How I back up my data
For a long time, I didn’t have backups at all. Most of what I cared about was in the cloud already, on GitHub or various Google services. However, in the past eighteen months or so, I’ve begun to accumulate lots of files that I don’t really want to store in plaintext on Google Drive or the like. This, combined with a general reluctance to be reliant on Google services for my data backups, led me to delve into a more robust backup solution.
The general guidance for backups is to have three copies of important data, in two forms of storage, with one offsite copy. The solution I ended up with is closer to a 4-2-2 solution, with four copies of my backup repository, two forms of storage, and two offsite copies (on different cloud storage providers).
What I want
I have four main requirements for a backup solution:
- Ignore files, defined by a pattern
There are a lot of files that I don’t want to back up, and they’re scattered through my file system: build artifacts,
node_modulesfolders, etc. I can’t make a list of all of them, and I don’t want to have to manually exclude folders every time I start a new project. It is essential that whatever solution I use offer a
.gitignore-esque list of files to exclude from the backup. Without this feature, my backups will grow to multiple hundreds of gigabytes very quickly, given the size of Rust build artifacts.
- Back up to a local hard disk
In order to fulfill the 3-2-1 backup guideline, I need to back up to a local hard disk as well as a cloud service.
- Back up to a cloud service
To protect against a fire in my apartment or a similar catastrophe that destroys all of my storage in a given location, I need to back up to a cloud service as well as to a local hard disk.
- Provide snapshots or file history
Things change over time, and I want to be able to track that. This isn’t a hard requirement, but it’s definitely something I want.
The first stage of my research was looking at turnkey backup software that would provide a client, let me back everything up, and be generally hassle-free. I looked at several options, including:
Unfortunately, none of these services fulfilled all of my requirements. Most of them didn’t provide a way to exclude files from a backup. Some didn’t allow you to back up to a local hard disk. Very few provided snapshots. As a result, I had to roll my own solution.
Since none of the pre-built software met my requirements, I wanted to roll my own. Searching landed me at
rclone, a way to mirror files to remote repositories.
rclone fulfills all but one of my requirements: it doesn’t generate snapshots of a backup. I wrote a Python script that backed up all of the files I cared about to a combination of a local hard disk, a Backblaze B2 bucket, and a Google Drive folder. This worked well, but I still wanted snapshots.
Why two cloud storage providers?
I opted to go with both Backblaze B2 and Google Drive for some extra redundancy. I was already paying for a large amount of storage in Google One for my Pixel backups and Google Photos storage, so I figured it would be fine to store my backup repository there as well. However, I am extremely reluctant to host my only offsite backup on Google services, given their lack of customer support and algorithms that occasionally ban people automatically, with no recourse. As a second line of defense against this happening, I chose to back up to Backblaze B2 as well.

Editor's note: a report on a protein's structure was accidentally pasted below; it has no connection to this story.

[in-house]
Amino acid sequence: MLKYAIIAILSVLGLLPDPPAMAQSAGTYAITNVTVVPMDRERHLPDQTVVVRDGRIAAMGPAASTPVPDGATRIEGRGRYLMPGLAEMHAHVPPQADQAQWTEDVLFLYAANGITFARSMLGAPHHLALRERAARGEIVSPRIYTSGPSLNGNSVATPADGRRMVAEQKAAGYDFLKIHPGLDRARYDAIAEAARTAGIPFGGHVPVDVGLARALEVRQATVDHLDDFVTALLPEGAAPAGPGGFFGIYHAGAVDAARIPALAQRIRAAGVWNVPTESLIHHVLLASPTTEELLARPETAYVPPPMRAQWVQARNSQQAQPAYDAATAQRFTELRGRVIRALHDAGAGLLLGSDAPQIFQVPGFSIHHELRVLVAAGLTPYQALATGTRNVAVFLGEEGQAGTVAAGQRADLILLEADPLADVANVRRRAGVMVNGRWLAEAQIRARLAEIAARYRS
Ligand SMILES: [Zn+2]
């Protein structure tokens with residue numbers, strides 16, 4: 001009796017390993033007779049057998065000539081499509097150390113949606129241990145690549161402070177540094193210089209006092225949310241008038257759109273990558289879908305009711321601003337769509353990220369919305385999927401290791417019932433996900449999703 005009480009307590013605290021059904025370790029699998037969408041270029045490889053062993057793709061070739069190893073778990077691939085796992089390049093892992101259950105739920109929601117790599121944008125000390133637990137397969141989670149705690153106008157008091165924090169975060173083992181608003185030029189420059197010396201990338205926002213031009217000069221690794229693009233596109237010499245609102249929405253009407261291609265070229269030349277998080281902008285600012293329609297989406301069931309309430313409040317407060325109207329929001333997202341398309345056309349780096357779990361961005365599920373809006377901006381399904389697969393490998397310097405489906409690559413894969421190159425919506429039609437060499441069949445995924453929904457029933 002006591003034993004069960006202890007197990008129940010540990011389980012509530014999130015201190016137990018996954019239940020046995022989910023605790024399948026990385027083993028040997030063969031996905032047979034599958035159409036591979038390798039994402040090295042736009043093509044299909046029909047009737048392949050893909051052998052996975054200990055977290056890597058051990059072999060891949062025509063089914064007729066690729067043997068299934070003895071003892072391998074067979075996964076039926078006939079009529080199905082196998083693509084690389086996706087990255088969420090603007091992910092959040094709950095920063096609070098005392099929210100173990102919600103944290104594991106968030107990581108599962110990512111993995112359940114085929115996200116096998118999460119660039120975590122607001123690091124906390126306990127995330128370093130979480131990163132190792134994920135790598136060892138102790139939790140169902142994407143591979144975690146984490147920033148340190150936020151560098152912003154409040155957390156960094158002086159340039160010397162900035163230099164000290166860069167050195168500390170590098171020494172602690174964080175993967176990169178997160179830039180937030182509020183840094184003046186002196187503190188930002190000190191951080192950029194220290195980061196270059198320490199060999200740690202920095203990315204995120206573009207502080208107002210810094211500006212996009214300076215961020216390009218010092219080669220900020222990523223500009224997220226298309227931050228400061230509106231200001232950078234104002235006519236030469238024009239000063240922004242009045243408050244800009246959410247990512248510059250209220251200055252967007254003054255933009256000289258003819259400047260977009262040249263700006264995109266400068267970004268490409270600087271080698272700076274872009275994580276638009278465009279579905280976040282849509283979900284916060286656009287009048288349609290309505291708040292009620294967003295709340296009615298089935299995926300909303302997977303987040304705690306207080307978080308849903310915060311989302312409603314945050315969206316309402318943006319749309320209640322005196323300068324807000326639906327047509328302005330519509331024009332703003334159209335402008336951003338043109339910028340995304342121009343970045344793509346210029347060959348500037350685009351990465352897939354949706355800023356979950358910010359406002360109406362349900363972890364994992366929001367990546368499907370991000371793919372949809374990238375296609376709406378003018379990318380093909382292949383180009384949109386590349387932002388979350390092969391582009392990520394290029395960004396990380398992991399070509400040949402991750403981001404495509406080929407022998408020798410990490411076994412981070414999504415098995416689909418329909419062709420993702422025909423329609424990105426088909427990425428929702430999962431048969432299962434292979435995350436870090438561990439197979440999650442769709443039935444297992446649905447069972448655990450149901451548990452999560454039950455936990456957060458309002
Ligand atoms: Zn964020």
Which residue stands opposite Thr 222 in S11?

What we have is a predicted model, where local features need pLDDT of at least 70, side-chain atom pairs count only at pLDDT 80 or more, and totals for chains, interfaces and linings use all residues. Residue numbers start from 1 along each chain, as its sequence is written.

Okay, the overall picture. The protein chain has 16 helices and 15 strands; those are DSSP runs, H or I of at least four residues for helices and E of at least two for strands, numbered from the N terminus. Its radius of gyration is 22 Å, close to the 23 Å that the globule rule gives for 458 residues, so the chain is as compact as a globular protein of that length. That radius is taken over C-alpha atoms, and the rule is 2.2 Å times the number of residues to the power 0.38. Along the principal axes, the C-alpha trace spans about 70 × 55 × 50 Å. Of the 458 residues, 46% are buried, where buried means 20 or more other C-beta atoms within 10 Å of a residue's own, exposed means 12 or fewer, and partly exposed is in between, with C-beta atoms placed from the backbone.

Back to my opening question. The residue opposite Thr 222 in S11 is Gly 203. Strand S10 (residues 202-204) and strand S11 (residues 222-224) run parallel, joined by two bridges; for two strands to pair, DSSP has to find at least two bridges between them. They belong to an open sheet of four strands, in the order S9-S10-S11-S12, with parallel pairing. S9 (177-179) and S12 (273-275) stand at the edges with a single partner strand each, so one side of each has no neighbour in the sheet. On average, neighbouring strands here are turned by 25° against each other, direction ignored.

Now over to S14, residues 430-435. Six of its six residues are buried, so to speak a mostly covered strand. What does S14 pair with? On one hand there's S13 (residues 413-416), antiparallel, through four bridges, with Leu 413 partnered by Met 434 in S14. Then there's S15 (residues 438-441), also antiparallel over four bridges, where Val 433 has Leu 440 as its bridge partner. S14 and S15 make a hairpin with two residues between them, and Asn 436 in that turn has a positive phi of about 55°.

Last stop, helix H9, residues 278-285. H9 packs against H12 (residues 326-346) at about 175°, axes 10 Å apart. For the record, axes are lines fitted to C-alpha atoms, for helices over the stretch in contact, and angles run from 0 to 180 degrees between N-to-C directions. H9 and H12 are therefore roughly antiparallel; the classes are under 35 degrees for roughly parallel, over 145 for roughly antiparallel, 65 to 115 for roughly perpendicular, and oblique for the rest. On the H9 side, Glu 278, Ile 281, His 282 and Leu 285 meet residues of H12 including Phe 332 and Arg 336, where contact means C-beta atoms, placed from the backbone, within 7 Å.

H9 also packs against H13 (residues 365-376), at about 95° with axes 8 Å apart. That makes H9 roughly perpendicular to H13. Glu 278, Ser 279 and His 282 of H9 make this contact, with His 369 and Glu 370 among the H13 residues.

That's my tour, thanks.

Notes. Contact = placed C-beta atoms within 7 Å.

In order to get snapshotting, I needed another piece of software. After some research, I came across
restic, which seemed to provide everything I wanted. It would even encrypt the backups, so that any breach of my Google or Backblaze accounts doesn’t leak my data immediately.
I set up a
restic repository on my local hard drive, and modified my Python script to invoke
restic to back up my files. Once that was done, I used
rclone to sync the repository to a backup hard drive, Backblaze B2, and Google Drive. This worked really well! Backups were really fast, and
rclone synchronized the repository without any hiccups.
I don’t have the space to do this in my apartment right now, but in the future I want to set up a server with enough storage space to act as a NAS. Once that’s done, I can move the
restic repository off of my local hard drive and onto the NAS, and allow the NAS to synchronize things. This will make backups faster, at least on my local machine, and also move me away from using a single external hard drive as my local backup.
Another thing I might investigate is switching to Duplicacy instead of
restic. Duplicacy promises to be friendlier for backing up multiple computers, which isn’t something I really need to do right now - I’m only backing up my desktop. If I start doing more development on my laptop, it might be worth looking into.